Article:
Thousands from H&R Block give back to Nashville organizations

Cathy Orosco with a fraction her team of over 2,000 franchise owners behind her preparing care packages for families and veterans.

H&R Block, recognizing the important contributions not for profits make for those in the Nashville area, spent hours helping-out in a big way. On Monday, over 2000 H&R Block franchise owners were gathered to do work for Boys and Girls Club, Operation Stand Down Nashville-Veterans, Gallatin CARES, and Nashville Rescue Mission.

“It is with great honor that my team of thousands of H&R Block franchise owners can work on such an amazing project,” said Karen Orosco, H&R Block senior vice president of U.S. Retail. “H&R Block is proud to be able to help Nashville organizations with an activity that will improve the community and impact many.”

H&R Block brought its annual convention that gathers franchise owners from across the country for three days of training, learning and now sharing to Nashville. As part of the convention’s agenda, more than 2000 attendees supported four Nashville-area nonprofits.

According to Orosco, Giving back has been part of what H&R Block has been about since Henry and Richard Block started the company over 60 years ago.

“We recently embarked on a new growth strategy and part of that really is about doubling down on what we’ve done in our communities,” said Orosco. “Our purpose at H&R Block is to provide help and inspire confidence in our clients and communities everywhere, and so the way we demonstrate that is by doing meaningful events.”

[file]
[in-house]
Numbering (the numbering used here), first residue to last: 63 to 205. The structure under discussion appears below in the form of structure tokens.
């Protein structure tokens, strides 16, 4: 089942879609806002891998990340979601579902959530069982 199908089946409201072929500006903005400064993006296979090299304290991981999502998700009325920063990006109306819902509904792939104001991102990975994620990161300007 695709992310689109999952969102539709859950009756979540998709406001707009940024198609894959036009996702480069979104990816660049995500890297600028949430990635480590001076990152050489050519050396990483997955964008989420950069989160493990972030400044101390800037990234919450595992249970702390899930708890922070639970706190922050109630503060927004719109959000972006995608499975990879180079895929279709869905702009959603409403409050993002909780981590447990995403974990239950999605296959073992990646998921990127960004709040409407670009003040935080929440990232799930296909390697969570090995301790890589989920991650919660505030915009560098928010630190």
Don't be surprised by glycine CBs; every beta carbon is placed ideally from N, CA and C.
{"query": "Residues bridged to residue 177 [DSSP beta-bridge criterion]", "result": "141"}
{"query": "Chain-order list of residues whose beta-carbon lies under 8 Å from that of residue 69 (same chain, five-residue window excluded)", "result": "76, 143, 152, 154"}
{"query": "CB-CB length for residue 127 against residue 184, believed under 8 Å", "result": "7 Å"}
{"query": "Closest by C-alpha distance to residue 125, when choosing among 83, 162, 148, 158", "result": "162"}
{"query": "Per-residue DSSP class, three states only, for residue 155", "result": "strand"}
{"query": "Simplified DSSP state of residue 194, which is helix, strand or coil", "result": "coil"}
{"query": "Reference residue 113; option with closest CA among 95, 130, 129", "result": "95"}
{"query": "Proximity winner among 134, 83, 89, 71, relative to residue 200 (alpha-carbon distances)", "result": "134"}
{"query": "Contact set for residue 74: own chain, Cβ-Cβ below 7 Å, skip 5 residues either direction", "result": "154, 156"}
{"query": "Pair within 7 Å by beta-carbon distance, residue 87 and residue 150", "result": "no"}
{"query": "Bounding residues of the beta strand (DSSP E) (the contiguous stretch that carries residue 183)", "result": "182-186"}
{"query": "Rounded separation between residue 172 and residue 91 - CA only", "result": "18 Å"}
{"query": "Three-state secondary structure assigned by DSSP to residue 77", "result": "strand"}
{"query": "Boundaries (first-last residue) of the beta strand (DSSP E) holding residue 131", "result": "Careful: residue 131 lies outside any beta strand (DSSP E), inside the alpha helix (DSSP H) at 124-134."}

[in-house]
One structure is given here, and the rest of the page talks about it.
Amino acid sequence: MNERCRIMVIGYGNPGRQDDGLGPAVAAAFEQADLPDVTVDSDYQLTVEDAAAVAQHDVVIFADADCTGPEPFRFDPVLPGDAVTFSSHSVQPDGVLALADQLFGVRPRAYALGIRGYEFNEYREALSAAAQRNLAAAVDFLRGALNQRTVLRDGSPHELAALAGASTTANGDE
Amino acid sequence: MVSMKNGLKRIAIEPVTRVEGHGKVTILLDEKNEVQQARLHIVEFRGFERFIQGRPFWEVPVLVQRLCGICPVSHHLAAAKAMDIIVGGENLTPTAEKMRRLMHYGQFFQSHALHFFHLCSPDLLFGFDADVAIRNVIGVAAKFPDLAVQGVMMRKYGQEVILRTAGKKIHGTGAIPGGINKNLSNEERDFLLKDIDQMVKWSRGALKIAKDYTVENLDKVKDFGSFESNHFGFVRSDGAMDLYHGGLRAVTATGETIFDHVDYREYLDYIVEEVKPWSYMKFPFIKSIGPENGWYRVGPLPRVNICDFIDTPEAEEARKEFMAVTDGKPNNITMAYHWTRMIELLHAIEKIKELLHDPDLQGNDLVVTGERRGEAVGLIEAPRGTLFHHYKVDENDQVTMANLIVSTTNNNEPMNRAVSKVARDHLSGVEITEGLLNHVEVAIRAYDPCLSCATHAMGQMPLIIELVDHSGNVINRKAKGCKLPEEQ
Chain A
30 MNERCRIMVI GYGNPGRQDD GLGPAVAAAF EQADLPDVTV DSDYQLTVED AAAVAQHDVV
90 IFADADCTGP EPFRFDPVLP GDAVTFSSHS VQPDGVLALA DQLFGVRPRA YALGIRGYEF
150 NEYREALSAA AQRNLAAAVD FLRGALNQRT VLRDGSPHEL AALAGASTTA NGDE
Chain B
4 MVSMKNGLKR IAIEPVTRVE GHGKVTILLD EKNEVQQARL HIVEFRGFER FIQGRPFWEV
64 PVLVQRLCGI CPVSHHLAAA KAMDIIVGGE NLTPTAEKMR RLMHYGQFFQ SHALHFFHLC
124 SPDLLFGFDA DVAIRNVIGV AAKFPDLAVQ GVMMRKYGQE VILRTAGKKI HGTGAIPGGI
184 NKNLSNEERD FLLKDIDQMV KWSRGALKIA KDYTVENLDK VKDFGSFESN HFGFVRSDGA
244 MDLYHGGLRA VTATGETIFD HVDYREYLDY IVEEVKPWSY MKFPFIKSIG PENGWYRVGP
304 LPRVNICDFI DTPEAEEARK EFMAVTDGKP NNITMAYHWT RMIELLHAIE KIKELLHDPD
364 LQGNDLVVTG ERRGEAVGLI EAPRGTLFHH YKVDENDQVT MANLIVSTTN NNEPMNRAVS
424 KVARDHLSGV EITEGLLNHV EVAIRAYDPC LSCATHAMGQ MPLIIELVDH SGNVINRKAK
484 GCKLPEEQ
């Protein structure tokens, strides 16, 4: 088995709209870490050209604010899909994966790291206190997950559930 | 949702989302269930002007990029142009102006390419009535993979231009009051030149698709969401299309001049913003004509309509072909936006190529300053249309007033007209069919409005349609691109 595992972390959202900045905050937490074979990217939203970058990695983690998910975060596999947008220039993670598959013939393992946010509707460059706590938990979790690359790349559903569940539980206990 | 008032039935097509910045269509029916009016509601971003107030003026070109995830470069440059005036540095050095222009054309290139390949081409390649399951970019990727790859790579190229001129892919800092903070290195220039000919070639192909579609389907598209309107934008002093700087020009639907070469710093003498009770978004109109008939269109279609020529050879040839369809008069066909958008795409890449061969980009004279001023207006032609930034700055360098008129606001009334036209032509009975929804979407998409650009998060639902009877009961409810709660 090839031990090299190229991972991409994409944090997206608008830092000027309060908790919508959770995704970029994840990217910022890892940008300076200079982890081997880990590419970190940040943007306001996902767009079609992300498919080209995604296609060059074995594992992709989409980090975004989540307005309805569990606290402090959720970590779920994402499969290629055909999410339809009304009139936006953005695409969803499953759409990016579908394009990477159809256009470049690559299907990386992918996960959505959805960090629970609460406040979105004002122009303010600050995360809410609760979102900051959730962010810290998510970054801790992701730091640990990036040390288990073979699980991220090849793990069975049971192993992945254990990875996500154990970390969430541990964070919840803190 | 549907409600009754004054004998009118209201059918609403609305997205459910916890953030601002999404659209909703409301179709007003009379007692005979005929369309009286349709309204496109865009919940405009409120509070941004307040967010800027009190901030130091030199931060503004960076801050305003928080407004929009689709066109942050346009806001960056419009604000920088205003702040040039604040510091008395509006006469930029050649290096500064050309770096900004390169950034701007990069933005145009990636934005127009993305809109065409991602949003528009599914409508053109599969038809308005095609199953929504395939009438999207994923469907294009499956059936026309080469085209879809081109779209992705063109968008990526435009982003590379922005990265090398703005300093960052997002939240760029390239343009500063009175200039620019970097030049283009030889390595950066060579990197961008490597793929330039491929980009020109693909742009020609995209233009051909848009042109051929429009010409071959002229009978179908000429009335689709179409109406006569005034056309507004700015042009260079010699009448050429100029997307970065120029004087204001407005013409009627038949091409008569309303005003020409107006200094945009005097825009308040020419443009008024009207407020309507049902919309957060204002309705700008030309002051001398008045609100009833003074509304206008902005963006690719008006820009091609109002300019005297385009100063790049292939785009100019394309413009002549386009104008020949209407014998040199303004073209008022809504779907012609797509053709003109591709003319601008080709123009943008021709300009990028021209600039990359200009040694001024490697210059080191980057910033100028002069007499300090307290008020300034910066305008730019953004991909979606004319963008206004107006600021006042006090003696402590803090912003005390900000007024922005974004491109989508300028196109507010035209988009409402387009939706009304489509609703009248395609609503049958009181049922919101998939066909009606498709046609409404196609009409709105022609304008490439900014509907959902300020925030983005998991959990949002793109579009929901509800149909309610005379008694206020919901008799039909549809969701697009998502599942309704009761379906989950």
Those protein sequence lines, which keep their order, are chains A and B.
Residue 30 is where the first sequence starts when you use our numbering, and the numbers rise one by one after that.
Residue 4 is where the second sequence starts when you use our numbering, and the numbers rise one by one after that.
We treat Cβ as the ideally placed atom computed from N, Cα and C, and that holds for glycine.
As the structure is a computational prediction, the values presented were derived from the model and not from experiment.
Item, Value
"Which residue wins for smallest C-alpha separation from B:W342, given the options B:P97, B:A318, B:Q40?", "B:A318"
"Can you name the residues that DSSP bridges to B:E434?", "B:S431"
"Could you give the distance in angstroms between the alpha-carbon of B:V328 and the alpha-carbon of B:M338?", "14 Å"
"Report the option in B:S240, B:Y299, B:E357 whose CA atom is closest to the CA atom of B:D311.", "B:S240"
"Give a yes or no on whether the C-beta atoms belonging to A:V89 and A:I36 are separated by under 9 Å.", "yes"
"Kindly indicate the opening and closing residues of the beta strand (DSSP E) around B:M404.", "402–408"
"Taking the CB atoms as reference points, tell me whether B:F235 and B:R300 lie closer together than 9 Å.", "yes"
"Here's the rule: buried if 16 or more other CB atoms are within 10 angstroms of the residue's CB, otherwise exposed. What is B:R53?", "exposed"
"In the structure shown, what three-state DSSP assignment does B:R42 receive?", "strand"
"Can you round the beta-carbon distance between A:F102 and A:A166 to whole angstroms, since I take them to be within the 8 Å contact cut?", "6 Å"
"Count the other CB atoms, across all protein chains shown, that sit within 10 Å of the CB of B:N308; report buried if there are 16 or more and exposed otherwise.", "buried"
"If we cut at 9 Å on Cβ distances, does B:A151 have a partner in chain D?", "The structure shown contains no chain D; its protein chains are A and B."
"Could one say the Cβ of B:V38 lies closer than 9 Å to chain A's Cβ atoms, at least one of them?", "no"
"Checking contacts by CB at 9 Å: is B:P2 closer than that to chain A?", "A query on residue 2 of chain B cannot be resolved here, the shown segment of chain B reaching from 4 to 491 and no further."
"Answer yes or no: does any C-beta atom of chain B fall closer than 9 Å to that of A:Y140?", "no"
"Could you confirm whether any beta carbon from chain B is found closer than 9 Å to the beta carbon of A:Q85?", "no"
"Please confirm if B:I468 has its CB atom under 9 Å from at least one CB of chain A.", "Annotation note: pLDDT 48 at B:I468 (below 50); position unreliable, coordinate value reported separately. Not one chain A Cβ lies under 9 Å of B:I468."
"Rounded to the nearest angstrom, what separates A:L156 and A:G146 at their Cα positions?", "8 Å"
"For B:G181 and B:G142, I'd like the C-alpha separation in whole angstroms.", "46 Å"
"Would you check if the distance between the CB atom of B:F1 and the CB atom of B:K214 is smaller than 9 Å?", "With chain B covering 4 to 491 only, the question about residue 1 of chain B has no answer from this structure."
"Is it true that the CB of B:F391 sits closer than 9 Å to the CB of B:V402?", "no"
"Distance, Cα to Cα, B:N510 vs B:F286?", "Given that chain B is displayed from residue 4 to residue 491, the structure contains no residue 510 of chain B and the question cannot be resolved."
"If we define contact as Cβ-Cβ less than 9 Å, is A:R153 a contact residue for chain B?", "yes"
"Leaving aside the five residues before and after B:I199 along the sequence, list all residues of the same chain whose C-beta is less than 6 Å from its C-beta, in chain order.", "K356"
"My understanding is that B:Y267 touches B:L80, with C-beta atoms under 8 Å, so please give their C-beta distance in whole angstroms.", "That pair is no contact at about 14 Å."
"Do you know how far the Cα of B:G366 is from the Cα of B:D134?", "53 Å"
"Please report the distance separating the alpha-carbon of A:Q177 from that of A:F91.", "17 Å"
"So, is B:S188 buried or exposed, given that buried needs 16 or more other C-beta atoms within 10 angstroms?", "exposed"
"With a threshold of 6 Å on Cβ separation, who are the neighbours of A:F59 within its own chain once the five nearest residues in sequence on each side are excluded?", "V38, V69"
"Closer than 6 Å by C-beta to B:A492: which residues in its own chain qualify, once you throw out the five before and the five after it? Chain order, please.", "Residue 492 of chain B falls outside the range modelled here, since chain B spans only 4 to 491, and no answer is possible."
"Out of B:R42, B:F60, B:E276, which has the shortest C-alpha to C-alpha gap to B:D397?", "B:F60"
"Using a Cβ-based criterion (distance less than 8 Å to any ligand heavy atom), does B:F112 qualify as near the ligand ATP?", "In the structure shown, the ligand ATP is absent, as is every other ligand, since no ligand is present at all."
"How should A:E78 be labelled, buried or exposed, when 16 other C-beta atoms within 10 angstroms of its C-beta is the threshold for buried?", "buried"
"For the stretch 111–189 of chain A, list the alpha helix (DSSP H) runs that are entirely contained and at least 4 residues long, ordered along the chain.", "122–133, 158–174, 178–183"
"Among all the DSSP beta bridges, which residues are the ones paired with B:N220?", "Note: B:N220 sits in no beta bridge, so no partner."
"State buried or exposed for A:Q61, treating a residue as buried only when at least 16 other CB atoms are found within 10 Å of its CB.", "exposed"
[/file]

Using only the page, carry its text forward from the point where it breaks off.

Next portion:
HR. Block franchisees distributing care packages to needy families at Gallatin High School.

Over 70,000 sq feet of the convention center was transformed into a warehouse for assembling care packages for teens, veterans and families. Franchisees were also asked to pack new gloves and hand warmers in their travel bags. Approximately 2000 pairs of gloves and cold weather gear were included in care packages for veterans.

Following the packing event, franchise owners loaded the care packages into buses and took them to Gallatin High School for distribution. The school parking lot was filled with families waiting to receive the packages.

The giving was on a grand scale and perfectly executed-adhering to an aggressive timeline. In other words, it was a giving event that could only be pulled off by an organization like H&R Block.

“We mobilize 80,000 tax professionals in 10,000 offices to get ready to serve almost 12 million clients; so we know about logistics and operation,” said Orosco. “We thought only we can do something this special and impact different groups and needs in one massive event.”

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